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Infinite Love and the Limits of Neo-Scholasticism in the Poetry and Prose of Thomas Traherne

  • Paul Cefalu
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Abstract

While it is generally recognized that Thomas Traherne’s philosophical and theological outlook is informed by a range of classical and early Christian worldviews, most commentators have focused on the Neo-Platonic and mystical elements in his work, usually citing as evidence for Traherne’s Platonism the many excerpts in his Commonplace Book from Ficino, Henry More, and Hermes Trismegistus. For example, in a recent collection of essays focusing on the influence of Platonism in English Renaissance literature, Sara Hutton argues that “the rapturously rhapsodic character of Traherne’s writing, his visionary account of the mundane and his repeated use of dominant images, particularly of light and sight, invite a mystical interpretation.” 1 Traherne’s Platonism and mysticism, however, have proved difficult to reconcile with his Aristotelianism and scholasticism, particularly his preoccupation with such metaphysical concepts such as potency, act, form, matter, substance, and habit, all of which figure centrally in Christian Ethicks, the Centuries, and his most famous poems. Faced with integrating Traherne’s scholasticism with his Platonism, critics have often hedged by describing him as an eclectic in whose work Platonism predominates.

Keywords

Substantial Form Creaturely World Perfect Actuality Divine Goodness Agent Intellect 
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Notes

  1. 1.
    Sarah Hutton, “Platonism in some Metaphysical Poets: Marvell, Vaughan and Traherne,” in Platonism and the English Imagination, eds. Anna Baldwin and Sarah Hutton (Cambridge: Cambridge University Press, 1994), 167.Google Scholar
  2. 2.
    H.M. Margoliouth, ed., Thomas Traherne: Centuries, Poems, and Thanksgivings (Oxford: Clarendon, 1958), 114–15. Hereinafter all cites will be provided within the text.Google Scholar
  3. 3.
    See John E. Trimpey, “An Analysis of Traherne’s ‘Thought’s I,’” Studies in Philology 18 (1977), 94–95.Google Scholar
  4. 4.
    A.L. Clements, The Mystical Poetry of Thomas Traherne (Cambridge, MA: Harvard University Press, 1969), 65.Google Scholar
  5. 5.
    Ibid., 72.Google Scholar
  6. 6.
    Ibid., 87.Google Scholar
  7. 7.
    Ibid., 87–88.Google Scholar
  8. 8.
    Traherne’s account of his childhood corruption does have a Stoic atmosphere. In the Tusculan Disputations Cicero writes that “the seeds of virtue are inborn in our dispositions and… as things are, however, as soon as we come into the light of day… we at once find ourselves in a world of iniquity amid a medley of wrong beliefs, so that it seems as if we drank in deception with our nurse’s milk; but when we leave the nursery to be with parents and later on have been handed over to the care of masters, then we become infected with deceptions so varied that truth gives place to unreality and the voice of nature itself to fixed prepossessions.” See Cicero, Tusculan Disputations, trans. J.E. King (Cambridge, MA: Harvard University Press, 1943), 226.Google Scholar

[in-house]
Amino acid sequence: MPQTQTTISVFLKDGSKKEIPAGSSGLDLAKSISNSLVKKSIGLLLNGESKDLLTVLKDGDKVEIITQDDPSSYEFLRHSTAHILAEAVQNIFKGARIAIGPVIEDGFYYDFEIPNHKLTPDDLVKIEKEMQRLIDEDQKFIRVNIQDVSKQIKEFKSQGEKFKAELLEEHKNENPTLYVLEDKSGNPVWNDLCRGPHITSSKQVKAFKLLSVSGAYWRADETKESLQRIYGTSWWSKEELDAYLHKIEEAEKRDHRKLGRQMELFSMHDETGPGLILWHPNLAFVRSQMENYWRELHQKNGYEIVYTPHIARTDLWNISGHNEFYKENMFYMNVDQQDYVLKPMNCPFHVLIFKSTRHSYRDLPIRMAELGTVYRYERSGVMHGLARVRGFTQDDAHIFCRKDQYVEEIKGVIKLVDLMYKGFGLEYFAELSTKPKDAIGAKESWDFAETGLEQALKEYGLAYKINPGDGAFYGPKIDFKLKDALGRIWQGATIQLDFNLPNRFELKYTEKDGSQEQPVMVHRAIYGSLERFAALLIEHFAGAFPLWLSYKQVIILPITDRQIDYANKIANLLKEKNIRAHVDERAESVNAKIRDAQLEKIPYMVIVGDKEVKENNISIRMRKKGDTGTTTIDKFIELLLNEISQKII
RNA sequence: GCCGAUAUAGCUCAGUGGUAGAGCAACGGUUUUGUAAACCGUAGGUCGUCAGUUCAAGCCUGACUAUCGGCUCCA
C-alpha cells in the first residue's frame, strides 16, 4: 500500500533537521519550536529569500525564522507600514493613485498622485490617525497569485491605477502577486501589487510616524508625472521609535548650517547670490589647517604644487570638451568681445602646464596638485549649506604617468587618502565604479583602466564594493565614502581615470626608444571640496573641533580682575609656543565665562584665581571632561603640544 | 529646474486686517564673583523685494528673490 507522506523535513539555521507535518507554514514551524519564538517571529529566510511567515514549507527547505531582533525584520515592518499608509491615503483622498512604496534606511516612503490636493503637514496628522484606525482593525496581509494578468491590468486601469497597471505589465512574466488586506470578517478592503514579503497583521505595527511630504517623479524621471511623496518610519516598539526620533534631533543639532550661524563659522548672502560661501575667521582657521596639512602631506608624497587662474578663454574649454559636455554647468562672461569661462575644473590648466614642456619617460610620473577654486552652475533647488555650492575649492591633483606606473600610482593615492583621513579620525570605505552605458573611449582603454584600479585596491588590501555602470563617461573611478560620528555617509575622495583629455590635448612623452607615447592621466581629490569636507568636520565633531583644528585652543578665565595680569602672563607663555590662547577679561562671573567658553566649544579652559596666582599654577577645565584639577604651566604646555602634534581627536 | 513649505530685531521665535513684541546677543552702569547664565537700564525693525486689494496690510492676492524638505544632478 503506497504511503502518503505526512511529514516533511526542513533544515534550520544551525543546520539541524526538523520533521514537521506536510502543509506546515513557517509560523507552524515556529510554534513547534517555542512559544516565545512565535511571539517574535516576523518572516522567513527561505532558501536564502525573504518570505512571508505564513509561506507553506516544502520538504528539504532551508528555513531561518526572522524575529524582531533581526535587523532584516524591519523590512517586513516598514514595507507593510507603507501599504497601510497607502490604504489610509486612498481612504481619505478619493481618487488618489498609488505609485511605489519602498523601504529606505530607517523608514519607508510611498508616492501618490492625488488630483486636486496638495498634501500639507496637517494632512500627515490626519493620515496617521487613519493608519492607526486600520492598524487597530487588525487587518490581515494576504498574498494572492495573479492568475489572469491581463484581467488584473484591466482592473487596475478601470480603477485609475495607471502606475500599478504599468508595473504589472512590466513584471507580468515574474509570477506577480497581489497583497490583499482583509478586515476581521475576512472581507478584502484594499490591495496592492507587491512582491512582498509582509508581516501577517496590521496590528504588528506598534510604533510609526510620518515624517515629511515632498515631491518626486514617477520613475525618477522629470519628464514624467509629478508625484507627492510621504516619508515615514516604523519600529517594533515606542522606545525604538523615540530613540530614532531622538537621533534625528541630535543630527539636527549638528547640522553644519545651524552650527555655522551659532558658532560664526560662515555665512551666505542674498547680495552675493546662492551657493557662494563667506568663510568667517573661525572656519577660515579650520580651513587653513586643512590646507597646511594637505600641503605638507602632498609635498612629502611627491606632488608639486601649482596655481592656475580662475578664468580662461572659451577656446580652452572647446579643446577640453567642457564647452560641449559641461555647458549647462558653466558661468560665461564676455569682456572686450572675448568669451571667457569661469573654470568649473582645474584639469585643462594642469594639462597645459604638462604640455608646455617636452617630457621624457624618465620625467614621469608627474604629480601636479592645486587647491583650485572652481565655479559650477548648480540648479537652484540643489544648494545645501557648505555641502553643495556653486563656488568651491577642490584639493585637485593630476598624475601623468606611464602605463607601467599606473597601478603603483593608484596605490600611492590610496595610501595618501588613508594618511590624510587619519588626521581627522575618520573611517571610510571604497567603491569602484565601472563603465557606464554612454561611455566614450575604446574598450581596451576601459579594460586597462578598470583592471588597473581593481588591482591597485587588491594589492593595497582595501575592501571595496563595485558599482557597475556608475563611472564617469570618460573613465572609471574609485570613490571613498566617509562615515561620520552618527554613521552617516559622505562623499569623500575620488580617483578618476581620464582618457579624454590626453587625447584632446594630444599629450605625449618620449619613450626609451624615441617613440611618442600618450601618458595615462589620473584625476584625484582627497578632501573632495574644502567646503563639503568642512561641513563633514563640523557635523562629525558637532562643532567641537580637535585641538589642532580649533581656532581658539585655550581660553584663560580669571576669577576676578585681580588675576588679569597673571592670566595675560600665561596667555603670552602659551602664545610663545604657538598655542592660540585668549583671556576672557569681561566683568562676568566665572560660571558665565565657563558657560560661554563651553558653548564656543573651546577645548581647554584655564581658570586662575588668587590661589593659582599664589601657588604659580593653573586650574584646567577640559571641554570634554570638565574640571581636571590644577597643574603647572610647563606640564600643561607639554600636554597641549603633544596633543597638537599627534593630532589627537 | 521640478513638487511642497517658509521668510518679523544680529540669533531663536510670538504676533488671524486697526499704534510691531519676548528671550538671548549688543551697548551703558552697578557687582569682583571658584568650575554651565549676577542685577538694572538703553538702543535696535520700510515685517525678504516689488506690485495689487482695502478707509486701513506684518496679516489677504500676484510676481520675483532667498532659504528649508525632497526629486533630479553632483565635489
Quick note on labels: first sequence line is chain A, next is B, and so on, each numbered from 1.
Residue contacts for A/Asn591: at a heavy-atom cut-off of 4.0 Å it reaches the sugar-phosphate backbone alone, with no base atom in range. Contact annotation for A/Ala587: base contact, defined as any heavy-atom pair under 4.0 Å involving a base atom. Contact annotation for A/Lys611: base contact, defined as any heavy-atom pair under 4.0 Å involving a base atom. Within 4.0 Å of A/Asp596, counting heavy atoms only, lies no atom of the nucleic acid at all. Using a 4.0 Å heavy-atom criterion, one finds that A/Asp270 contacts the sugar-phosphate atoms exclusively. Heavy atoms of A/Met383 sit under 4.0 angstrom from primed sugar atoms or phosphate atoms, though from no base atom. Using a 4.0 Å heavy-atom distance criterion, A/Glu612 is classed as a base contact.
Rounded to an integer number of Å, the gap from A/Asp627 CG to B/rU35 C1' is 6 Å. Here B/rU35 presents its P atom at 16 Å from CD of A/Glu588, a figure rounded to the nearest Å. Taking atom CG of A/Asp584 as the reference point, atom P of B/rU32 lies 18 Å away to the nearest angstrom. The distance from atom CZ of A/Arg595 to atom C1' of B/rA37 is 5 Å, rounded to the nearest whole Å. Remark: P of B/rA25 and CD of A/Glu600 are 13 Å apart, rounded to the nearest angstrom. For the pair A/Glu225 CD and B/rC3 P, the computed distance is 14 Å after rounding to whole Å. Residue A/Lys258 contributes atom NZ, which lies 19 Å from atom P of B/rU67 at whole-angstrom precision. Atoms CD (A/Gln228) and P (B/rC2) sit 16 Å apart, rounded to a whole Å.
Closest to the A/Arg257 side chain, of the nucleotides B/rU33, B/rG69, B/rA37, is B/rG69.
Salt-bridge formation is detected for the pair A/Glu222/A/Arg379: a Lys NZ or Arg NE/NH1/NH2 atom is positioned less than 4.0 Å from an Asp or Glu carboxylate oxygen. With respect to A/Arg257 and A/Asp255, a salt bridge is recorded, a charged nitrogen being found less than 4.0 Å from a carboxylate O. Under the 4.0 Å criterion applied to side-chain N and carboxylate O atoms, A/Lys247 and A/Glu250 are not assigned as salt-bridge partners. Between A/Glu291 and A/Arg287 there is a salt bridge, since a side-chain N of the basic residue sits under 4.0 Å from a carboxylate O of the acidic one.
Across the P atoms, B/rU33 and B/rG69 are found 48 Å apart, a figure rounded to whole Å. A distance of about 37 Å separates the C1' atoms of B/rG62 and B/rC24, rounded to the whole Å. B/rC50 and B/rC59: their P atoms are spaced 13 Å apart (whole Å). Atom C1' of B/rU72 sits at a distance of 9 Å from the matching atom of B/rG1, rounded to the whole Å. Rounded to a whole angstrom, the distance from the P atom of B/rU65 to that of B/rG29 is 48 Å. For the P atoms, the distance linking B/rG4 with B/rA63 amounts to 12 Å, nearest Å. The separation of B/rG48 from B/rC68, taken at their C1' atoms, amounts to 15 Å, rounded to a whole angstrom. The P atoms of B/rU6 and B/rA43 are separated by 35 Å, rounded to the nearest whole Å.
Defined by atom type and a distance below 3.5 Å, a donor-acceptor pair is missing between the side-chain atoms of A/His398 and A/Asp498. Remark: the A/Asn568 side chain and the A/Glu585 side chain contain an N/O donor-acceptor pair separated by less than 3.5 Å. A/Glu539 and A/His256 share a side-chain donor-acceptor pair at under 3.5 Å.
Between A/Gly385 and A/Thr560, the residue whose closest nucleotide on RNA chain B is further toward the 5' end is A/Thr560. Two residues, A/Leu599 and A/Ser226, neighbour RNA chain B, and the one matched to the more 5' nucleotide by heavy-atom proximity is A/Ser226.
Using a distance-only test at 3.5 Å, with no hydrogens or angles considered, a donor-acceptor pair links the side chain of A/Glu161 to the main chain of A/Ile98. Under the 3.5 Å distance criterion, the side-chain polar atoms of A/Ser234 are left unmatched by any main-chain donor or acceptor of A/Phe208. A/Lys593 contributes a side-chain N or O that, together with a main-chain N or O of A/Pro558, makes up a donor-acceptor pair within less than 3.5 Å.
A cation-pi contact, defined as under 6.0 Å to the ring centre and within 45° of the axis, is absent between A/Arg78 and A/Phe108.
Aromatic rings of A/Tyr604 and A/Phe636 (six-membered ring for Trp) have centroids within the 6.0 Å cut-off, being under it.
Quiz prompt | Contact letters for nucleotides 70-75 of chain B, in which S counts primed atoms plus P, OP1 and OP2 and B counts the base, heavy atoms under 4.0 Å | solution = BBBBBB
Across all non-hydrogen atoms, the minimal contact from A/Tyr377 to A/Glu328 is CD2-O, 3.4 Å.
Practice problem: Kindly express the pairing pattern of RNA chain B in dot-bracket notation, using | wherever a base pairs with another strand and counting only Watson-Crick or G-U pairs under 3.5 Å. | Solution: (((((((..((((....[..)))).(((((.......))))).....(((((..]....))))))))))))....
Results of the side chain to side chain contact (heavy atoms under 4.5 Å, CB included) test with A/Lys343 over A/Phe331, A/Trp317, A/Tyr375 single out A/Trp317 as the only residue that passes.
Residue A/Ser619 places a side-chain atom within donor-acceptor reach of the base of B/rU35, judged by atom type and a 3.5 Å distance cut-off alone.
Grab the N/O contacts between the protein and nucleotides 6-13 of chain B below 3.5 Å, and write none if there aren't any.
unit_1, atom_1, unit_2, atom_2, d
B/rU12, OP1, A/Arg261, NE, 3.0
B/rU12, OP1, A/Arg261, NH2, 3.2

9. 9.
    John Locke, Some Thoughts Concerning Education: The Educational Writings of John Locke, ed. J. L. Axtell (Cambridge: Cambridge University Press, 1968), 239.Google Scholar
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    Ibid., 235.Google Scholar
  11. 11.
    David Hartley, Observations on Man, ed. T. L. Huguelet (Gainesville, FL: Scholars Facsimiles and Reprints, 1966), 81.Google Scholar
  12. 12.
    This is what we find in Clements’ book on Traherne and the mystical tradition. It should be noted, however, that K.W. Salter, one of Traherne’s best critics, does talk in some detail about the Thomistic influence on Traherne, although Salter makes no substantial mention of Traherne’s particular assimilation of Thomistic ethics. See K. W. Salter, Thomas Traherne: Mystic and Poet (London: Edward Arnold, 1964), 33–37.Google Scholar
  13. 13.
    Gladys I. Wade, ed., The Poetical Works of Thomas Traherne (New York: Cooper Square, 1965), 28.Google Scholar
  14. 16.
    Cited in Etienne Gilson, Being and Some Philosophers (Toronto: Pontifical Institute of Medieval Studies, 1952), 24.Google Scholar
  15. 17.
    Ibid., 39.Google Scholar
  16. 18.
    Cited in Sir David Ross, Aristotle (London: Methuen, 1964), 165.Google Scholar
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    Ibid., 166.Google Scholar
  18. 20.
    For an argument that Aristotle associated substance with form separate from matter, see Edwin Hartman, Substance, Body and Soul: Aristotelian Investigations (Princeton, NJ: Princeton University Press, 1977). For a rebuttal of Hartman’s argument see Thedore Scaltsas, Substances and Universal in Aristotle’s Metaphysics (Ithaca, NY: Cornell University Press, 1994), 246–49.Google Scholar
  19. 21.
    Aquinas defines substance in De Entia et Essentia as follows: “Relinquitur ergo quod nomen essentiae in substantiis compositis signigicat id quod ex materia et forma componitur.” Cited in Etienne Gilson, The Christian Philosophy of Saint Thomas Aquinas (New York: Octagon Books, 1983), 445.Google Scholar
  20. 23.
    Anthony Kenny, Aquinas (New York: Hill and Wang, 1980), 60.Google Scholar
  21. 25.